Greetings from La Veta, Colorado!
I finally had a full summer of llama trekking. Sandy and I got to take a long-overdue trip into the mountains with our kids: Andy, a singer/songwriter based out of Nashville but currently on the road on a national tour, blocked out a week of his schedule for the trip, while his sister, Alexa, and her husband Craig came out from New Jersey and made the pack trip a part of a wonderful Colorado vacation. And I’m happy to report that Craig, whose only experience with llamas was the day before his wedding last September*, became, at the conclusion of this traditional Hackbarth training/trekking camp trip, an official llama wrangler. (see some photos here)
My next trip was with my brother-in-law Phil Romig and his son from Golden, Colorado. It was a great four-day outing in breath-taking country. Unfortunately, the weather was nasty--cold with wind and rain--which put a damper on the fishing. We’ll have to try it again next year.
In August I made my second appearance as a volunteer at the Leadville Trail 100, a hundred-mile foot race known as “The Race Across the Sky.” If you are interested in knowing why I or anyone else would want to be a part of this race, Christopher McDougall explains it in his new book “Born to Run.” If you’ve read my book, “Tales of the Trail,” you will already be familiar with the race, but it might be a real eye-opener for you to read about it from McDougall’s perspective. After you read “Born to Run,” I’ll let you in on how I did in this year’s race. :-)
The GALA (Greater Appalachian Llama Association) has asked me to be the keynote speaker and to teach clinics on packing at their annual conference in Ithaca on November 12th, 13th, and 14th. The theme for the conference is “Falling for Lamas,” but since everyone in attendance has already fallen for these amazing animals, what can I tell or show them that they don’t already know? That’s right, absolutely nothing. So we’re going to talk about what can be done to energize the llama industry. I’ll use Gauguin’s painting entitled “Where do we come from? What are we? Where are we going?” as inspiration for getting some answers to those questions as they relate to the lama industry. Then we’re going to throw around ideas about how we’re going to get there.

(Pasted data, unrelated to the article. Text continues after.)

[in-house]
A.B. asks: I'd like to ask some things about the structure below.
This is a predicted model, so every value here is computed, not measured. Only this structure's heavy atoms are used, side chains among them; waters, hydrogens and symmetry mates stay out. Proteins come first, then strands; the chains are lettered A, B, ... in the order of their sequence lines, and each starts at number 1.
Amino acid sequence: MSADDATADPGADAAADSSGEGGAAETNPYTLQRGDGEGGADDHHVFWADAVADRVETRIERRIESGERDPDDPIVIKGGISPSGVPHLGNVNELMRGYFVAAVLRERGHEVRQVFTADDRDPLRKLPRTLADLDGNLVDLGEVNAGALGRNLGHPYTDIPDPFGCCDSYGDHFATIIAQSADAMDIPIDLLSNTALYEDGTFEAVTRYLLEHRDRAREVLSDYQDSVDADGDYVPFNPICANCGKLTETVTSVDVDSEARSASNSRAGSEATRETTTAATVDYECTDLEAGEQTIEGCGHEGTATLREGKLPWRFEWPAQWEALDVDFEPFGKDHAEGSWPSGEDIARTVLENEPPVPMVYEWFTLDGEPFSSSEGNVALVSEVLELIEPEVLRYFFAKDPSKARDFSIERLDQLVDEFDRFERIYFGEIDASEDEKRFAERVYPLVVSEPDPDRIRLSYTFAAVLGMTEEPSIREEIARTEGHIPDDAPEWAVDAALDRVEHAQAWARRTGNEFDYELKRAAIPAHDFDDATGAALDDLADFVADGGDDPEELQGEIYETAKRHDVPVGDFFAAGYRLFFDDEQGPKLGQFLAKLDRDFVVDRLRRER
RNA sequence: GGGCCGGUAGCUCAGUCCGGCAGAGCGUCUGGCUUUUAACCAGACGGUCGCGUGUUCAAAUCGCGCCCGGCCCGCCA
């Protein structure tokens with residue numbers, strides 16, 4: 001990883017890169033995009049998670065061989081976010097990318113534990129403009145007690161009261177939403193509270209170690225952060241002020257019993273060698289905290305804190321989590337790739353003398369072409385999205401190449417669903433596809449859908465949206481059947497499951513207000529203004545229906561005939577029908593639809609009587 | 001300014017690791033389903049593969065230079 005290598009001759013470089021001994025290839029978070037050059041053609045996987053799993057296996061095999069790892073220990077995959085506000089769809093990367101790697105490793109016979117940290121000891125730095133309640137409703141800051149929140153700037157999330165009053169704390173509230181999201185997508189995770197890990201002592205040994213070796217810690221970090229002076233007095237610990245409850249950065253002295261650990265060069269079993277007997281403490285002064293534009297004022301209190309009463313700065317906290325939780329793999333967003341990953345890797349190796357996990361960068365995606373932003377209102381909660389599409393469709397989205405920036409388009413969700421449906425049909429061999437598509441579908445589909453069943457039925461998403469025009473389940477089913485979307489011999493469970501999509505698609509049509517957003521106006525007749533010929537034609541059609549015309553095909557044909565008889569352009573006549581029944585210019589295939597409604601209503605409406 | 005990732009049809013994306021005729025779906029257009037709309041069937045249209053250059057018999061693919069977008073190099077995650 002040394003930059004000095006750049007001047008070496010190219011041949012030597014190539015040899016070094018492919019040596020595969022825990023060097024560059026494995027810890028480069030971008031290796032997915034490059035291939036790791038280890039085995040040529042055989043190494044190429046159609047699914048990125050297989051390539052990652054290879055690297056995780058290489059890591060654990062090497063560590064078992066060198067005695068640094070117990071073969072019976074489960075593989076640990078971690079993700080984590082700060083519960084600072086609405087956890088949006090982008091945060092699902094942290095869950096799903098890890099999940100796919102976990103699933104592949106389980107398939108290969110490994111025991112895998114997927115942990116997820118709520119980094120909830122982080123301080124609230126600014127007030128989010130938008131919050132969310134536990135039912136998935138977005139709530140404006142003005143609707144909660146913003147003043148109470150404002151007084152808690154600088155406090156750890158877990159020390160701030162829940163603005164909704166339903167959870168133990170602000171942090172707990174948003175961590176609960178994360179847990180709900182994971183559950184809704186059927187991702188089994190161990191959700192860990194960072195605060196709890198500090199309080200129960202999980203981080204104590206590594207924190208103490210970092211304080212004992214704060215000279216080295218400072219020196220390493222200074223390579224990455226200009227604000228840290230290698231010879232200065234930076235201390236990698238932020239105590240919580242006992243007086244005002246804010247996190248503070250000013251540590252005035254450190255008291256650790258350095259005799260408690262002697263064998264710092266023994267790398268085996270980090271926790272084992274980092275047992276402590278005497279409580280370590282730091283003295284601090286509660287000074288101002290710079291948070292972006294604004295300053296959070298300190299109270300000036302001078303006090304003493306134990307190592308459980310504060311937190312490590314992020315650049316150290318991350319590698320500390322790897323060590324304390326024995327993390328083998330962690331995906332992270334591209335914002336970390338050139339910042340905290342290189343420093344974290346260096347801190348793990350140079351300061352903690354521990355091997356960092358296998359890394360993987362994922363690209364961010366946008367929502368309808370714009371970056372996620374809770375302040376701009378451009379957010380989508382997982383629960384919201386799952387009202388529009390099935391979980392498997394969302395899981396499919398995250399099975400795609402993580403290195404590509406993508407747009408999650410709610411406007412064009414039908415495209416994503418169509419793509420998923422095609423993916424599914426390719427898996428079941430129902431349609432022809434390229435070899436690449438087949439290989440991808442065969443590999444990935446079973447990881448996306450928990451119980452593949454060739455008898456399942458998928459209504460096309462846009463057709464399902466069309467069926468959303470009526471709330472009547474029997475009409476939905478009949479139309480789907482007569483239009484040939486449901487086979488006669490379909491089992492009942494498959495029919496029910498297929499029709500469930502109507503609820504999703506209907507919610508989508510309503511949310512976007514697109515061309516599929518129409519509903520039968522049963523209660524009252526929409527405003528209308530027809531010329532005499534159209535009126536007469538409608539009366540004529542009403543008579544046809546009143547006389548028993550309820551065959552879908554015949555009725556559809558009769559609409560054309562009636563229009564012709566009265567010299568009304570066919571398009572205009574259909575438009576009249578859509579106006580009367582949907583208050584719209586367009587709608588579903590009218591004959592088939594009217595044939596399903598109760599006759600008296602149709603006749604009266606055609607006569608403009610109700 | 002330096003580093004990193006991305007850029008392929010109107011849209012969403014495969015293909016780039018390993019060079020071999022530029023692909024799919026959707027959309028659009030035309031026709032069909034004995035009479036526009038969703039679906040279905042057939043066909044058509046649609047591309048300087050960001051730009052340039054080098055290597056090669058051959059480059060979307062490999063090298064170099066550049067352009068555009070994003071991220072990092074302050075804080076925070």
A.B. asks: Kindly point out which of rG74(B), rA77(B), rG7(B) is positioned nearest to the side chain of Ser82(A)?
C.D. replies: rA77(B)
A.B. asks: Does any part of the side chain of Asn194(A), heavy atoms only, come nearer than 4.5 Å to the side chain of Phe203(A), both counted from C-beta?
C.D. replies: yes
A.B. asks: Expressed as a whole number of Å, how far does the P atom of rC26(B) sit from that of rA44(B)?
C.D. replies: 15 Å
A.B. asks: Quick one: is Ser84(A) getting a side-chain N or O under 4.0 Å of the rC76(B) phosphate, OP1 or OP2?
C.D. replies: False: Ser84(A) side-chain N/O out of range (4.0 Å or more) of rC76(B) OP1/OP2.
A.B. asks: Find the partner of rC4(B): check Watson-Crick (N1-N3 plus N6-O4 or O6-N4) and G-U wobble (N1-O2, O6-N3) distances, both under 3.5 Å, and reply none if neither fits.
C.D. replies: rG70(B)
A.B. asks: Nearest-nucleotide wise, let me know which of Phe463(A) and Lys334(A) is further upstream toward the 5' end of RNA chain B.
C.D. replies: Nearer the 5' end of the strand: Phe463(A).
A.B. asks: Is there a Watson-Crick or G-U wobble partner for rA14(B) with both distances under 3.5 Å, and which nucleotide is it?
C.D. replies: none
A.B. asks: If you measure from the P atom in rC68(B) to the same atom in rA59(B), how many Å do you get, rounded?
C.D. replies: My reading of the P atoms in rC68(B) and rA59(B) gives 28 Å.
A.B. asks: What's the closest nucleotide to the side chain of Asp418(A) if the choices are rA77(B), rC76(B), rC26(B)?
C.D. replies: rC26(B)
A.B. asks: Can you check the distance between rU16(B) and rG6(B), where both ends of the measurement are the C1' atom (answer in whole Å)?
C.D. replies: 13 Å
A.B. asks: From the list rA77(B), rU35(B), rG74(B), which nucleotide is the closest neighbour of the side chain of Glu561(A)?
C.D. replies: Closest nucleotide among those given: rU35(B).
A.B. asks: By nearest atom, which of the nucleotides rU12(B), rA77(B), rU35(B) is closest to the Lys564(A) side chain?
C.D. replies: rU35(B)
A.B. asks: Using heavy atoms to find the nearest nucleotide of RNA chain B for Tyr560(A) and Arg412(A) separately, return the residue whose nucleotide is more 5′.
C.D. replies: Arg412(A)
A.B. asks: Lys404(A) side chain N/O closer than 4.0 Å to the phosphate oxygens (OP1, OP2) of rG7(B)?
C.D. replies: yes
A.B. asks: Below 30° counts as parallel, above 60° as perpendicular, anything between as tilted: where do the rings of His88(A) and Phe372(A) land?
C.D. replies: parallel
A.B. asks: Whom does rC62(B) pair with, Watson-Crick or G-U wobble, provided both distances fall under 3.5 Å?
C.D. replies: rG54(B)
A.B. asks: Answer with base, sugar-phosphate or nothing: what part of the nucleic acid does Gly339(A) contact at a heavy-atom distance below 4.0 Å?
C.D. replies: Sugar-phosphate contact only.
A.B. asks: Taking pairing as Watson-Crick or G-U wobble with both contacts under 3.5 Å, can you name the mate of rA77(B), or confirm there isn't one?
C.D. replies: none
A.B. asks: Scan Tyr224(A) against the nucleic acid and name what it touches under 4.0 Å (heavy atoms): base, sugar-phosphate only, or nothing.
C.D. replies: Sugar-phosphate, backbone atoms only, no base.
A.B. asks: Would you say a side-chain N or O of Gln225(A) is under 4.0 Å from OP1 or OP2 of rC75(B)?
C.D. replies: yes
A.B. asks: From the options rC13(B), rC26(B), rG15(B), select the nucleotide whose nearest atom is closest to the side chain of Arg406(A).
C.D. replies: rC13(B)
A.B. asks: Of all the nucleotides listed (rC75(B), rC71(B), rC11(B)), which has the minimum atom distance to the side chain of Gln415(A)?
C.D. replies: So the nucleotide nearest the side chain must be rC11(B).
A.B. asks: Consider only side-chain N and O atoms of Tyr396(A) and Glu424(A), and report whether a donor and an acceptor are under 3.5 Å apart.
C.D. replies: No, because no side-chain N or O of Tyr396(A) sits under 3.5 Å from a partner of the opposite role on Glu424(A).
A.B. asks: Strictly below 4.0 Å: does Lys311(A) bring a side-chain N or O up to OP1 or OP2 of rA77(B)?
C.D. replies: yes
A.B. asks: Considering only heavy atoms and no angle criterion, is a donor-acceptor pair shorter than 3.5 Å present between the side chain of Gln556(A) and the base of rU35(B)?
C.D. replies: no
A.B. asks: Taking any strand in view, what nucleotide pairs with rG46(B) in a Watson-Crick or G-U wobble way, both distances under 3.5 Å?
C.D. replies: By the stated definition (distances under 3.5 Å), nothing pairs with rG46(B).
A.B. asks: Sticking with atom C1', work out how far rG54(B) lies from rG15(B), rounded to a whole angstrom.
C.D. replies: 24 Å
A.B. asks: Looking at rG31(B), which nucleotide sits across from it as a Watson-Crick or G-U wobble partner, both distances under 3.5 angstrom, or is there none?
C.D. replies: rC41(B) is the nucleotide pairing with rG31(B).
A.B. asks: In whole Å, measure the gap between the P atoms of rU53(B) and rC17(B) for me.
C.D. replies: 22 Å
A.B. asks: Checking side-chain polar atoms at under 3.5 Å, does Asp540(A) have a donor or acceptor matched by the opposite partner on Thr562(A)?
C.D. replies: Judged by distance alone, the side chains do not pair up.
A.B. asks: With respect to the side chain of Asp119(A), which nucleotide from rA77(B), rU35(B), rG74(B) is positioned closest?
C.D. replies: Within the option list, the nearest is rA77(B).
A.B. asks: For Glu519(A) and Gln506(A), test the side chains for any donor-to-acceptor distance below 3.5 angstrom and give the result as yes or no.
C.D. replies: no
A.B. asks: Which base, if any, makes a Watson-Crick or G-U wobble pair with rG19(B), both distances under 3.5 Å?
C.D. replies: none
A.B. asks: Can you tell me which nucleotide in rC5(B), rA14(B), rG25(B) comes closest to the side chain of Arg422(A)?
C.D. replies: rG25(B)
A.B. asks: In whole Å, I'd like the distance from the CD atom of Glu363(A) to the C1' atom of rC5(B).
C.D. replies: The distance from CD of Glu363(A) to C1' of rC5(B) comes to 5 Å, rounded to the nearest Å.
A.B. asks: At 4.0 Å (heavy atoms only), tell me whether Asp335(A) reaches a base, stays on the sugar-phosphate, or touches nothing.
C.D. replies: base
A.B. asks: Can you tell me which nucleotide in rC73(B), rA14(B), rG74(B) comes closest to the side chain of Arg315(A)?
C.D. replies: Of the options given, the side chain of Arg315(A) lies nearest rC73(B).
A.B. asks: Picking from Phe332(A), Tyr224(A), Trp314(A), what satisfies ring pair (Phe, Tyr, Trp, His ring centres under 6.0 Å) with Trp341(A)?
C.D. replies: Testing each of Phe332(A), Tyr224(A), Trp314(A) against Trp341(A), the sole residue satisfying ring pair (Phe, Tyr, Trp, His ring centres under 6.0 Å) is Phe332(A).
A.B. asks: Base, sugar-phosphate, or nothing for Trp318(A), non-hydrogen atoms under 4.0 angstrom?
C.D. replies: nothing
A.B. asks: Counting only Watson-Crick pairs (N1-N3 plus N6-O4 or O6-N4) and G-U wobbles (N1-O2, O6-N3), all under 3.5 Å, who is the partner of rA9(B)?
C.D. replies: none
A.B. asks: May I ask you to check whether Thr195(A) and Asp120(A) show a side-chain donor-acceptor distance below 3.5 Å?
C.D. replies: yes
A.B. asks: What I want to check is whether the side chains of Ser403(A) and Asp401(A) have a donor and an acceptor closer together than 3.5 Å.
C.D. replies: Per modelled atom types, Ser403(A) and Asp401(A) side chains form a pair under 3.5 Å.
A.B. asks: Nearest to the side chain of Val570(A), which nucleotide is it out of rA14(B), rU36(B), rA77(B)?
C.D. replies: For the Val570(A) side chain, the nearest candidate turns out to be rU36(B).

I’m looking forward to filling you in on all the conference happenings in my next newsletter. And if you will be at the GALA conference, please attend one or all of my sessions and visit our booth and say hi to Sandy, Alexa and Craig!
President, Sopris Unlimited
*The day before the wedding, Alexa and Craig’s sixty-five guests were treated to a llama picnic lunch hike instead of a rehearsal dinner. Llamas were provided by Larry Lewellyn and Nick Stegeman. After the lunch festivities, half the party returned to the lodge while the other half continued up the trail with llamas and guides for several miles of beautiful hiking. It was really a great experience that was enjoyed by everyone, particularly those from the east coast. (see some photos here)